Unfortunately the listing agent has no real power outside of providing the requested package. I have dealt with deals where the first lender has approved the sale but they are back and forth with the 2nd for 3-4 months to iron out terms.
0 votes Thank Flag Link Sat Jun 19, 2010
Just as I feared. The information the listing agent provided us was as good as not asking her at all. Now an issue is raised whether or not this agent was experienced? Incomplete package? :(
0 votes Thank Flag Link Sat Jun 19, 2010
Hello Vain,

Good tactic! When there is space, I always go low, especially when I know there arn't other offers coming in. But having done a lot of short sale, sometimes the banks do order a BPO before the entire package is submitted just to get an idea of what price to expect. It's up to each different lender really.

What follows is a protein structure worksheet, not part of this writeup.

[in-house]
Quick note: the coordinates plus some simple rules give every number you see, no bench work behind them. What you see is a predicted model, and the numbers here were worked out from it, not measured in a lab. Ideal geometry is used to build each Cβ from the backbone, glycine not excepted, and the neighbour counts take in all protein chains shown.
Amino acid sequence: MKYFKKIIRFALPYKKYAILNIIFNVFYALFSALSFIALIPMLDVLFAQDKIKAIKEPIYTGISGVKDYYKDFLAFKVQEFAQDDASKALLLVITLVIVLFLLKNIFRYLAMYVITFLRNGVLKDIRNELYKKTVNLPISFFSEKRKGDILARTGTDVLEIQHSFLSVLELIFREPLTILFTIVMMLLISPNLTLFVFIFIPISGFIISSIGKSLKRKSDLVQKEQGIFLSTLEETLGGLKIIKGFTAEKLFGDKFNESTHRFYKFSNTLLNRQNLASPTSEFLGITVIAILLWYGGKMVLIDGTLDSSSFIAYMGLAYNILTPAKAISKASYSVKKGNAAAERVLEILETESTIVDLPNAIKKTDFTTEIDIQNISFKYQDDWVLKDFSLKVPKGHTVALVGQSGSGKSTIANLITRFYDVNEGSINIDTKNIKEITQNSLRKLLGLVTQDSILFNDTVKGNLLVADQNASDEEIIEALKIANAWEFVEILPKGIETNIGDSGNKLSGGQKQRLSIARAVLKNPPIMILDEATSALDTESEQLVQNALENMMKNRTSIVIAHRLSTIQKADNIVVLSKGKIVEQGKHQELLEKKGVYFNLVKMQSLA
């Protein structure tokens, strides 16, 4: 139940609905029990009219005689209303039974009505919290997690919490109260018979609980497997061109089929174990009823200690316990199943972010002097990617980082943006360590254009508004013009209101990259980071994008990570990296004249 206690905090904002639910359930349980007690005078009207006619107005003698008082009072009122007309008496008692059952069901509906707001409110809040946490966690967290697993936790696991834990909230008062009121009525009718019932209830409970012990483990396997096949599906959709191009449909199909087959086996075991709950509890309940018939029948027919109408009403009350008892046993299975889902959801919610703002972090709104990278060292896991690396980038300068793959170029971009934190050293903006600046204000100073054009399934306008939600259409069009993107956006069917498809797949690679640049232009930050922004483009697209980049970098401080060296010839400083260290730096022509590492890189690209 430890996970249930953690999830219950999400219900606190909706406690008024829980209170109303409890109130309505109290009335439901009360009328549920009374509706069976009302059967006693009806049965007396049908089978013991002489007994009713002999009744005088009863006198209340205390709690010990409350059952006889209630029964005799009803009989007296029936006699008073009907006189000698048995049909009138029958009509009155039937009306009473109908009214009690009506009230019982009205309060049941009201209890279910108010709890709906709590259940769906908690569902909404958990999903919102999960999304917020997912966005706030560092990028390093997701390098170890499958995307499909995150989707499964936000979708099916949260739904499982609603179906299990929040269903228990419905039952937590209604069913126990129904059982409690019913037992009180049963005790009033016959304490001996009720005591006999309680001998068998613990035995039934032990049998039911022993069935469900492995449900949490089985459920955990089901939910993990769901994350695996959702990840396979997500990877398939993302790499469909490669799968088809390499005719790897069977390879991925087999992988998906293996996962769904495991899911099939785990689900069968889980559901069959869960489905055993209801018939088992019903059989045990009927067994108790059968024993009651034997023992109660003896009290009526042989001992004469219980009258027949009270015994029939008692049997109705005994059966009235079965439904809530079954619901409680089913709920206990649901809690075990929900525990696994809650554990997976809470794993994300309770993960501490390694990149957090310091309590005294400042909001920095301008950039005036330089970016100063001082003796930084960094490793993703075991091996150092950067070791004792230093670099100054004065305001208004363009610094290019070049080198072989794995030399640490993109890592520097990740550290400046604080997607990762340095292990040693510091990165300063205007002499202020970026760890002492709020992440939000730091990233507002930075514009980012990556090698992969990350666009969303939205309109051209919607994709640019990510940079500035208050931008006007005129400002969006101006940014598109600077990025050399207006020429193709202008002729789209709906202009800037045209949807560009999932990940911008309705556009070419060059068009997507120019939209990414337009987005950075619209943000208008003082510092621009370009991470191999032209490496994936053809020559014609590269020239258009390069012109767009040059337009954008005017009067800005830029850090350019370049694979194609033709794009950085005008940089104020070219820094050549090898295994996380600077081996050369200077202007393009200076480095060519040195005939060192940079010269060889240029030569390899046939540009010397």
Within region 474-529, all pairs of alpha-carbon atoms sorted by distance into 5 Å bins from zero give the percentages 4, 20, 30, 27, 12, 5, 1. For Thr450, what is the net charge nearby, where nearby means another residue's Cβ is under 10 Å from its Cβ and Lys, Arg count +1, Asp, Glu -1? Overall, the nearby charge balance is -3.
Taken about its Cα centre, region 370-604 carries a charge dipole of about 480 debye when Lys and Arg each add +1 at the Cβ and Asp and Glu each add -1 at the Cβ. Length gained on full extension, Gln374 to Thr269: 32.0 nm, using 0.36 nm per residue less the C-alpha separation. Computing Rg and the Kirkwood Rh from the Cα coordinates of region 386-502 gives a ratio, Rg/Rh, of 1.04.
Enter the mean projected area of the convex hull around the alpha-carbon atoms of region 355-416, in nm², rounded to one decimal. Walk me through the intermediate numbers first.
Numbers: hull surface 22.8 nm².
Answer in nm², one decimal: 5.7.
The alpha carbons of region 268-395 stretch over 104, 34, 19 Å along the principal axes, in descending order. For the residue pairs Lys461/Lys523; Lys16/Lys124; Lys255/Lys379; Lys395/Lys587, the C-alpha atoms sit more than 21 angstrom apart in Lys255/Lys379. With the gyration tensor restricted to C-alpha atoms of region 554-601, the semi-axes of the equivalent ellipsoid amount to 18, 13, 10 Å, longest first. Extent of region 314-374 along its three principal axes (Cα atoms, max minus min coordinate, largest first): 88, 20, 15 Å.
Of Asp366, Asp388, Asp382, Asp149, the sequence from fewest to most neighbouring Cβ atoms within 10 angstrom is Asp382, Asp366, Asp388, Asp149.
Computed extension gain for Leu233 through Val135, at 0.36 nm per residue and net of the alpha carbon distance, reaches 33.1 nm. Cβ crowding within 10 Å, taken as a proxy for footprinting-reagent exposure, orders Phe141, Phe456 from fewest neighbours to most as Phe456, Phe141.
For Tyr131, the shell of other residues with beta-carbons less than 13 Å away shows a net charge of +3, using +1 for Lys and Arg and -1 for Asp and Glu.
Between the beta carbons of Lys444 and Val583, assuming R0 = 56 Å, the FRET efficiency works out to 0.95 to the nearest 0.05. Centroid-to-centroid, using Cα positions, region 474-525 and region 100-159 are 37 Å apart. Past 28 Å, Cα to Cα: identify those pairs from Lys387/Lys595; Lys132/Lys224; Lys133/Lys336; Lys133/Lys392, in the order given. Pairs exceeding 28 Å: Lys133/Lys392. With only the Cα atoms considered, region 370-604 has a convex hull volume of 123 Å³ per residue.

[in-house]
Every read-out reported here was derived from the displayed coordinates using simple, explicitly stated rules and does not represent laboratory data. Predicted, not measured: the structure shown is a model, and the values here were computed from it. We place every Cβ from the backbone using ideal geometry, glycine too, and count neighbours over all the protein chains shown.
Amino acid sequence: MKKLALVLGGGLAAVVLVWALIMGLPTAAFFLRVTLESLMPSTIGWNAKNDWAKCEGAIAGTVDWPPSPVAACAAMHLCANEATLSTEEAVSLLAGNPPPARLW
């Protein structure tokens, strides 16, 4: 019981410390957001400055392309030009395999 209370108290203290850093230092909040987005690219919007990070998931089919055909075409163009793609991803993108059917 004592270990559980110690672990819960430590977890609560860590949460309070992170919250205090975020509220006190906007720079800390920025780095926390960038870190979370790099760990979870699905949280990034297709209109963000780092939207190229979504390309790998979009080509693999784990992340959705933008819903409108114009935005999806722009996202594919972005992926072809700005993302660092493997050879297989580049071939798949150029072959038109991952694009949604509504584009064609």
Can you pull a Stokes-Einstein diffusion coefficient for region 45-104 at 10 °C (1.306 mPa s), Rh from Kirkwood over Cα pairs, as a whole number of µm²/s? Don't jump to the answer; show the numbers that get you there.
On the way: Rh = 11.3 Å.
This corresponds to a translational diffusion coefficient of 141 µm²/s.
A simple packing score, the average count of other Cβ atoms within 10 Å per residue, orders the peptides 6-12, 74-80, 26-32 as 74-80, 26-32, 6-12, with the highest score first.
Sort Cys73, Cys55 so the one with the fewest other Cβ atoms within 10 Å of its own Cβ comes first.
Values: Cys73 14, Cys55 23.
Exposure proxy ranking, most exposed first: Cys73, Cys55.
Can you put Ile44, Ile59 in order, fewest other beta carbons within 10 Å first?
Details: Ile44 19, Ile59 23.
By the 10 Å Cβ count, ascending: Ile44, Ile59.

Kamal Randhawa
Broker
510-932-1066
0 votes Thank Flag Link Fri Jun 18, 2010
Thanks for your response Fiona. I hope this is the case. Quite honestly, my offer was a low ball offer. I will be extremely delighted if it goes through. I offered low because I was expecting the bank to come back and shake more money out of me.
0 votes Thank Flag Link Fri Jun 18, 2010
Another interesting observation is that the sellers have 2 more propreties, and recently, they have deeded those homes to other people. Maybe to protect themselves from recourse.
0 votes Thank Flag Link Thu Jun 17, 2010